Cannabis Q and A: with Janna Cousijn and Valentina Lorenzetti
In this interactive session, international neuroscientists Dr Janna Cousijn and Dr Valentina Lorenzetti use their research to answer questions from the audience about cannabis use and its affects. Find out how long cannabis stays in your system, the cannabis culture in Amsterdam and what the research is saying about long-term alterations to the brain.
Dr Valentina Lorenzetti is a Senior Lecturer, Psychological Sciences at the Institute of Psychology and Health and Society, University of Liverpool, United Kingdom. She was previously a post-doctoral research fellow of the Melbourne Neuroscience Institute at the Melbourne Neuropsychiatry Centre, The University of Melbourne. Dr Lorenzetti completed her PhD in 2012 (Department of Psychiatry, the University of Melbourne), which investigated the impact of regular cannabis use on the human brain by employing structural MRI. Dr Lorenzetti has been working on a number of research projects defining brain alterations in a range of psychopathologies (including depression and opiate addiction) and brain development, and the role of psychopathology symptoms in such alterations. Currently, her research focuses on investigating the neural and cognitive differences between this who are and who are not dependent on cannabis, sex differences in problem cannabis and alcohol users and how cannabis affects adolescent neurodevelopment. She is particularly interested in examining the link between emotional processes and cognition by integrating structural and functional MRI data with behavioural and psychophysiology indices.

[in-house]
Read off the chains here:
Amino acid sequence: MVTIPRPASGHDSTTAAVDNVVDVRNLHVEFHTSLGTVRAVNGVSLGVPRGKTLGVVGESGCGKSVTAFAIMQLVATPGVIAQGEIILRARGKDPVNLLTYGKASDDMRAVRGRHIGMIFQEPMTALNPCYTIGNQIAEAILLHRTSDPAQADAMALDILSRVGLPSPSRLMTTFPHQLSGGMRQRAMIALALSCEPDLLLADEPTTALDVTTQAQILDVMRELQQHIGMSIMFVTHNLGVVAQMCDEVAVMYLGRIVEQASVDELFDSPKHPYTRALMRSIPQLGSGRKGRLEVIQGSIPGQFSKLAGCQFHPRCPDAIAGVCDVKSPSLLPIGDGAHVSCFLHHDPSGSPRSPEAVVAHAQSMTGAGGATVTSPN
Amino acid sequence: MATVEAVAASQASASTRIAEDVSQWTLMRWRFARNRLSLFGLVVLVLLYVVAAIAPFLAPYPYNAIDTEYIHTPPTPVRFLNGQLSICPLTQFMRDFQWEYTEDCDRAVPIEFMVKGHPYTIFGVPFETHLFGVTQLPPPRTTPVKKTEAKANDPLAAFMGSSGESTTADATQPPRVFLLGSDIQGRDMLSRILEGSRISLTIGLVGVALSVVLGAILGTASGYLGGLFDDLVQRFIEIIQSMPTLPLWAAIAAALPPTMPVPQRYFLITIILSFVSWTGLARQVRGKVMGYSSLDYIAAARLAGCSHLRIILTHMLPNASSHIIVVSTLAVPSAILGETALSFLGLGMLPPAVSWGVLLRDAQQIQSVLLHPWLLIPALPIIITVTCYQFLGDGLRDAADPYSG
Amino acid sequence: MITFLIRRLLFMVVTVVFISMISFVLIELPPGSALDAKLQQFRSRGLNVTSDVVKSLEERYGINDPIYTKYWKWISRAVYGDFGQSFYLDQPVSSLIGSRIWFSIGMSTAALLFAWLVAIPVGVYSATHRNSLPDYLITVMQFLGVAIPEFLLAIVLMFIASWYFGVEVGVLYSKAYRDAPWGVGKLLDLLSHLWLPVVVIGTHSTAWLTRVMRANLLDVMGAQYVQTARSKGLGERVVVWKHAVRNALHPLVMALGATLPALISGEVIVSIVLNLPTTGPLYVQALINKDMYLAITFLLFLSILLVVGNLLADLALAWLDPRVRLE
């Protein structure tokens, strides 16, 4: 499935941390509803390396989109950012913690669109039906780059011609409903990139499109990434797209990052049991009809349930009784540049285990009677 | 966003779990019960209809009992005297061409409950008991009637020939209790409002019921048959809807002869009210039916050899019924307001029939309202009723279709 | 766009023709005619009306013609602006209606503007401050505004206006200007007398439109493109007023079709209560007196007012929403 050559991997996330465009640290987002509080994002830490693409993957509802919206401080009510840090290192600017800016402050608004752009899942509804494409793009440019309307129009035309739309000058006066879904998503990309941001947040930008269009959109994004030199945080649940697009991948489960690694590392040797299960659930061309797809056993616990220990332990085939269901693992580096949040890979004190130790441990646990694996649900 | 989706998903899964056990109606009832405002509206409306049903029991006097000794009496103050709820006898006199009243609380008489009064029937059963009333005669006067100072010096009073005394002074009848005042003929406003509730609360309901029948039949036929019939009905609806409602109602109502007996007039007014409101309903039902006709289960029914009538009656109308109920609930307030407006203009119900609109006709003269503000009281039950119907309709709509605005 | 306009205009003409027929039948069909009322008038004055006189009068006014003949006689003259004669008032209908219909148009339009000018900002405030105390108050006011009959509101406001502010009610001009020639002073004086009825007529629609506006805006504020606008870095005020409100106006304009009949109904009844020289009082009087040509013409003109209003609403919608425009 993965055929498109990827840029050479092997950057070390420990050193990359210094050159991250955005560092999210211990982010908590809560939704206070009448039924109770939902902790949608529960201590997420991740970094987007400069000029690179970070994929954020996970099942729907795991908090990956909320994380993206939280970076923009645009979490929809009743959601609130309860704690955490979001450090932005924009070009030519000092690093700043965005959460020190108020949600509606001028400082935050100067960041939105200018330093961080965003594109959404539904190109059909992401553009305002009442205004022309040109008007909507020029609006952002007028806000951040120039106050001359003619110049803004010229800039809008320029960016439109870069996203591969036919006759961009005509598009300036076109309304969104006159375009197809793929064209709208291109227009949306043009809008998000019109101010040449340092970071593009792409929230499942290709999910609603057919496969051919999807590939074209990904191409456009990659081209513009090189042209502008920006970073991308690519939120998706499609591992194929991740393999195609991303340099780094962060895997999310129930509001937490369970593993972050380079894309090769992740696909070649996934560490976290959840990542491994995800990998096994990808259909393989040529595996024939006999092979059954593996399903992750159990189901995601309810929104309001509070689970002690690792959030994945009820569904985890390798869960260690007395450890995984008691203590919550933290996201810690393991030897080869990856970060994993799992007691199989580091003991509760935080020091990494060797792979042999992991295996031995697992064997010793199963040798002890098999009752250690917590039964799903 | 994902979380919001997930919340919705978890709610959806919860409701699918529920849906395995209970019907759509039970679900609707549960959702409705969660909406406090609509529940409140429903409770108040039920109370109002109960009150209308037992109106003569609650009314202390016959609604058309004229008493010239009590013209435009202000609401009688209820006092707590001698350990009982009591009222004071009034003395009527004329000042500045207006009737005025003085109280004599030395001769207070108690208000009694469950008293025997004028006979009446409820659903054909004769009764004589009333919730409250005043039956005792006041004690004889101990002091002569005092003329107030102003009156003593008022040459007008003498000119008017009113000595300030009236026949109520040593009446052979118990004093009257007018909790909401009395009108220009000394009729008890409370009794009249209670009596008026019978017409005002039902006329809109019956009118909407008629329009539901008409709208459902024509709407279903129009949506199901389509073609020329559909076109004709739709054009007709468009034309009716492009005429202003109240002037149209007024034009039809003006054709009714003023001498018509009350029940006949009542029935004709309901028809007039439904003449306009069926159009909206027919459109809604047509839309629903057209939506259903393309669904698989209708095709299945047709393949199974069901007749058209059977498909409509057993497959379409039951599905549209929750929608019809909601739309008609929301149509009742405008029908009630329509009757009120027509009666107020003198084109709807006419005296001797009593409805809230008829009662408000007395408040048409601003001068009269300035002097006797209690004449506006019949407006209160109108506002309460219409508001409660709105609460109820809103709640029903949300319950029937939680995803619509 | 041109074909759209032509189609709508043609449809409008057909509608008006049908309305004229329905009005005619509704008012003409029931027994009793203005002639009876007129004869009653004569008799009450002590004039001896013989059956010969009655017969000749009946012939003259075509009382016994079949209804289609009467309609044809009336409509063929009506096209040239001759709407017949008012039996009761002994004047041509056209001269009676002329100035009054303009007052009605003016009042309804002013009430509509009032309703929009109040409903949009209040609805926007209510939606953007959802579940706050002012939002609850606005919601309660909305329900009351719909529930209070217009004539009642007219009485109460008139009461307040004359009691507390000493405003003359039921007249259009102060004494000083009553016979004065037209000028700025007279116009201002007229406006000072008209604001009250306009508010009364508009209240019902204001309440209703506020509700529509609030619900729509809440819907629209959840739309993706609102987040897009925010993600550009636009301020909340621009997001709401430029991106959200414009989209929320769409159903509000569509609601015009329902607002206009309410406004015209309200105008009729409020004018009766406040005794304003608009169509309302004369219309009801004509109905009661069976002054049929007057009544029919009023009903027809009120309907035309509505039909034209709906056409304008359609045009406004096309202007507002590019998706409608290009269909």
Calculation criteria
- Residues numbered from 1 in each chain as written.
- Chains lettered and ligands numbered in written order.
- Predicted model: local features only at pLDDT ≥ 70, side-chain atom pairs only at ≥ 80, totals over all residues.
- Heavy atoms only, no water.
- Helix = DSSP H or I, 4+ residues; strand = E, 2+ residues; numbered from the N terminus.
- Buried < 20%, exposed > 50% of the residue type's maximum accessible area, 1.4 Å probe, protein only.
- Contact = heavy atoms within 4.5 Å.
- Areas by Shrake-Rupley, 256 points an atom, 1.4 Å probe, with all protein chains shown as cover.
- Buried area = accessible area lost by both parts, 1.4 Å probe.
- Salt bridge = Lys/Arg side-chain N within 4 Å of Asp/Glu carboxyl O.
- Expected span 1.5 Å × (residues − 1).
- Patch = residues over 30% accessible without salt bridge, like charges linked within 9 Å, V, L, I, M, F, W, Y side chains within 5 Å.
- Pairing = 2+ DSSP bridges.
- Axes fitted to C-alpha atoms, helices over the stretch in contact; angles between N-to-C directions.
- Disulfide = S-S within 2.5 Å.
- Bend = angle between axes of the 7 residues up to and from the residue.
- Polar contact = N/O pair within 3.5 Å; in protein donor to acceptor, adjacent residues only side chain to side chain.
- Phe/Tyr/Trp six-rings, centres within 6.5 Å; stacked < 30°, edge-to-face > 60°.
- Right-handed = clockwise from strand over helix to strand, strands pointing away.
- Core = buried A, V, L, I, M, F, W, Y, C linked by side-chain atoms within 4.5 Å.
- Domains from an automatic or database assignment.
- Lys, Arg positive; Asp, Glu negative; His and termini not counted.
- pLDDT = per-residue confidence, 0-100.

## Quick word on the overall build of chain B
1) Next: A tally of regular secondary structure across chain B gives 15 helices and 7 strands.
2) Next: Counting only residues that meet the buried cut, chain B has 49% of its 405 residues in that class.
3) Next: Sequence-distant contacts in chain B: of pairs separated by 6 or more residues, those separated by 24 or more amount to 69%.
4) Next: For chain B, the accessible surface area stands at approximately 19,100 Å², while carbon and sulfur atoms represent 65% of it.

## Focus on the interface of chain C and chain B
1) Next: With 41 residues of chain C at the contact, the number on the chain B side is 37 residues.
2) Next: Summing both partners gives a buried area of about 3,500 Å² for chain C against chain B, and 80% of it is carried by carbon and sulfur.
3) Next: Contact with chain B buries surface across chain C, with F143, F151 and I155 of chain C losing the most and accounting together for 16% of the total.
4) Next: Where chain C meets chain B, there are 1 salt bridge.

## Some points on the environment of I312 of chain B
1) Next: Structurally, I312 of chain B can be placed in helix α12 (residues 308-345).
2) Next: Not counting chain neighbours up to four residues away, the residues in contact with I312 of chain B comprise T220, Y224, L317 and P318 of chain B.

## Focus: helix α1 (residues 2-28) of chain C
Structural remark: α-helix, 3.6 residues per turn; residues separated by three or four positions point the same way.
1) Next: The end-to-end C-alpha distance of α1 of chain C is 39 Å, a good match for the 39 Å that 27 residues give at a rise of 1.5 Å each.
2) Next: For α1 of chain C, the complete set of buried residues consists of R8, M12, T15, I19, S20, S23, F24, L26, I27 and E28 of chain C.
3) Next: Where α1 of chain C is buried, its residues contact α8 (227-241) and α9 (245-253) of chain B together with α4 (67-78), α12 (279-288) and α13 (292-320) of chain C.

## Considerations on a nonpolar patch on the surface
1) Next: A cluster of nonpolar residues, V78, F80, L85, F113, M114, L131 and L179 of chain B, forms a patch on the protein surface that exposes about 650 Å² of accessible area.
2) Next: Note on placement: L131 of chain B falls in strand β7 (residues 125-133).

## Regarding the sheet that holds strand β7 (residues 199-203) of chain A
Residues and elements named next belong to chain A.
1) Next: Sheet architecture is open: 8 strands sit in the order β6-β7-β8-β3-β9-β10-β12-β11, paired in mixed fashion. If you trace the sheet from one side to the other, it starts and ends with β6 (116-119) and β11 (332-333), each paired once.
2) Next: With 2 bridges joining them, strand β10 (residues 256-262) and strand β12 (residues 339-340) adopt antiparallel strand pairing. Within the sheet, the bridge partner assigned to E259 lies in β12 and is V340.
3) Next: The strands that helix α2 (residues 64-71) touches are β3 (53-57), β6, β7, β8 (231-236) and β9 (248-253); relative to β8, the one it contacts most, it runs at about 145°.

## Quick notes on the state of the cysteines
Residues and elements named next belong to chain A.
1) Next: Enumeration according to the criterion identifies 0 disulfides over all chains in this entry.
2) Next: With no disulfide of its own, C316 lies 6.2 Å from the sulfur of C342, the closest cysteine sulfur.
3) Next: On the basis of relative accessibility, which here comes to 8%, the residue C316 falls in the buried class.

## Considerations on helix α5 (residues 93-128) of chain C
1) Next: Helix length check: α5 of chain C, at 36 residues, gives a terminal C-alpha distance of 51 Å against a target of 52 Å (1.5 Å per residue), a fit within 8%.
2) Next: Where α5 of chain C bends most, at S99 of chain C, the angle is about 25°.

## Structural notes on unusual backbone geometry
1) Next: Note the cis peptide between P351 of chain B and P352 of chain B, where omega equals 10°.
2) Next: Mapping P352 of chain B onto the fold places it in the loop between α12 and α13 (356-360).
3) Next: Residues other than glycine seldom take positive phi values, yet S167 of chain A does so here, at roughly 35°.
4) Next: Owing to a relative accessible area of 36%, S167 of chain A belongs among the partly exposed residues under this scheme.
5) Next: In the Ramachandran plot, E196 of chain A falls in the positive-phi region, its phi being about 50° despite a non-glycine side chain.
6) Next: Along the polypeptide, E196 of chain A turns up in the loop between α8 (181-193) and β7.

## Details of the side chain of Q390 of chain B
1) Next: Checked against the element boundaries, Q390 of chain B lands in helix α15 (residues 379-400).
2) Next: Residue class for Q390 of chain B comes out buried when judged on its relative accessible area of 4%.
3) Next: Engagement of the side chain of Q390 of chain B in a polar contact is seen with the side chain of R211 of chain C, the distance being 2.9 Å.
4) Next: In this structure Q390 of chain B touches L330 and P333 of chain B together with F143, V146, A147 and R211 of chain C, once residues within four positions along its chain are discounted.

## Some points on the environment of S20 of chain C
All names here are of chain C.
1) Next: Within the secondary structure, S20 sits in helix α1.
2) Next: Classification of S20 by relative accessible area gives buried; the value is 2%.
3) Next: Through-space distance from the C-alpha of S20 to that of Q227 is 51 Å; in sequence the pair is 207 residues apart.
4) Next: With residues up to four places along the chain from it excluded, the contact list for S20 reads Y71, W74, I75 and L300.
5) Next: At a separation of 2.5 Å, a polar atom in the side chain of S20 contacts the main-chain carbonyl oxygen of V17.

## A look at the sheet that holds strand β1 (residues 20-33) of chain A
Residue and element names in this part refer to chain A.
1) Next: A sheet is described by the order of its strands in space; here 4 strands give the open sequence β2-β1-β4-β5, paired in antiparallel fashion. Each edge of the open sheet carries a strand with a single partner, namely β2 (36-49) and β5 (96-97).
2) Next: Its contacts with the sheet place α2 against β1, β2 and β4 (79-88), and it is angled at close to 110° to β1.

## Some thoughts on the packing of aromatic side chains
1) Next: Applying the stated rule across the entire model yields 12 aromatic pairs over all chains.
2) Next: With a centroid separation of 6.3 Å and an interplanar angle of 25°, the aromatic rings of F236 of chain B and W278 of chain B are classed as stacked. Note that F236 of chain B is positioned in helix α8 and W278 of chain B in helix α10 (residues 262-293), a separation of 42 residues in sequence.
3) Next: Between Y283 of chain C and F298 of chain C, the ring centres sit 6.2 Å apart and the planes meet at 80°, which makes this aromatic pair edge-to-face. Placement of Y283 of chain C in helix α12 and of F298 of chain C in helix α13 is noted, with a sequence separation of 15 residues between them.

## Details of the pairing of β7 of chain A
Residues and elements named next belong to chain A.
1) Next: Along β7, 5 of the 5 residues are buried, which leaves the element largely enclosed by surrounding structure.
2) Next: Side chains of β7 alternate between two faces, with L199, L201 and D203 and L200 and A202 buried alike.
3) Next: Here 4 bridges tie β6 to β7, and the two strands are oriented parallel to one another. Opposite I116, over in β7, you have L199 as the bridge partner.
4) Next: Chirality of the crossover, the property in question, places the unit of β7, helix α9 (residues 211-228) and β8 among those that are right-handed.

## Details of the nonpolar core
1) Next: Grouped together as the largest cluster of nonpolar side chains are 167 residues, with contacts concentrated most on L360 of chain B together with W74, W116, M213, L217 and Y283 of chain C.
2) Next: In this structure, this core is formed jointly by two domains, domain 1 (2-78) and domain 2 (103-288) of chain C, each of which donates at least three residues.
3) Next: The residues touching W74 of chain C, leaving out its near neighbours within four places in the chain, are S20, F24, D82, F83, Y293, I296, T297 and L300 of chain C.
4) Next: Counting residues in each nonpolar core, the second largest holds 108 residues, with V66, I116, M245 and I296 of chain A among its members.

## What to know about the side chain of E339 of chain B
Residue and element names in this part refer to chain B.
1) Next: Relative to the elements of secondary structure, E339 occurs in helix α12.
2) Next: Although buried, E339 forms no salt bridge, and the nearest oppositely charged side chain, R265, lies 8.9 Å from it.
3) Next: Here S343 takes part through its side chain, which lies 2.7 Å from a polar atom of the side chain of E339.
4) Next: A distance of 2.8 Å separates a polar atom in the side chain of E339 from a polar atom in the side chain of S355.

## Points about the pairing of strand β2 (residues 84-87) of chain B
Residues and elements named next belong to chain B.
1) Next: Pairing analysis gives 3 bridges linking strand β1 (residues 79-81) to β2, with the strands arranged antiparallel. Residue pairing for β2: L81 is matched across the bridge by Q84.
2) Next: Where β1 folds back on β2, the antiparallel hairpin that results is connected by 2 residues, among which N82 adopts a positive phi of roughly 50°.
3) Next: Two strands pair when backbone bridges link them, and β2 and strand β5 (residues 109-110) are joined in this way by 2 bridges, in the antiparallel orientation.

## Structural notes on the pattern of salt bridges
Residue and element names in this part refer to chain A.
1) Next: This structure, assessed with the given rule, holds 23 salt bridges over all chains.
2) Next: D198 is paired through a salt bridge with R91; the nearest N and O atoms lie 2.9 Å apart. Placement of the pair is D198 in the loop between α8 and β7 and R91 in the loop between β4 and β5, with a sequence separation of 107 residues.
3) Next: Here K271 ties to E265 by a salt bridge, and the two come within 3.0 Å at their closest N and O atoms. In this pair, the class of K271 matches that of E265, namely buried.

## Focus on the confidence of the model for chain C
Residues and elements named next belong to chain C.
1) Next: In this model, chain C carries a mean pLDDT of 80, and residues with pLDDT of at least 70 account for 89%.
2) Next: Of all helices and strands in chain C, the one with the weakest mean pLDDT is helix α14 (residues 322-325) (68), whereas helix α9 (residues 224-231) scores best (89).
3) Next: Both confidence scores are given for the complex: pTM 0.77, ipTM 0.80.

Dr Janna Cousijn is a researcher in the Department of Developmental Psychology at the University of Amsterdam in The Netherlands. She has an interdisciplinary background in neurobiology, medicine and psychology. An intriguing question central to all her studies is why only some individuals develop an addiction after heavy substance use. She thereby studied the interaction between motivational processes (reward, emotions) and cognitive control in the brain. Dr Cousijn received her Doctorate Cum Laude (awarded <5%) for identifying predictors of cannabis dependence with a novel combination of neuroimaging techniques (structural MRI, functional MRI, connectivity analyses) and neuropsychological tasks applied to a large group of difficult to find cannabis users and closely matched controls. After finishing her PhD, Dr Cousijn became a postdoc at Leiden University where she extended her knowledge on the study of atypical brain development in the context of mental disorders. In 2014 she moved to Utrecht University to work as an Associate Research Scientist responsible for theory development, study design and supervision of PhD students in a prestigious large-scale (6000 children) 10-year longitudinal neuroimaging study on atypical brain development (NWO Zwaartekracht). Recently, she was invited back at the University of Amsterdam as an assistant professor (Tenure) in Clinical Developmental Neuroscience.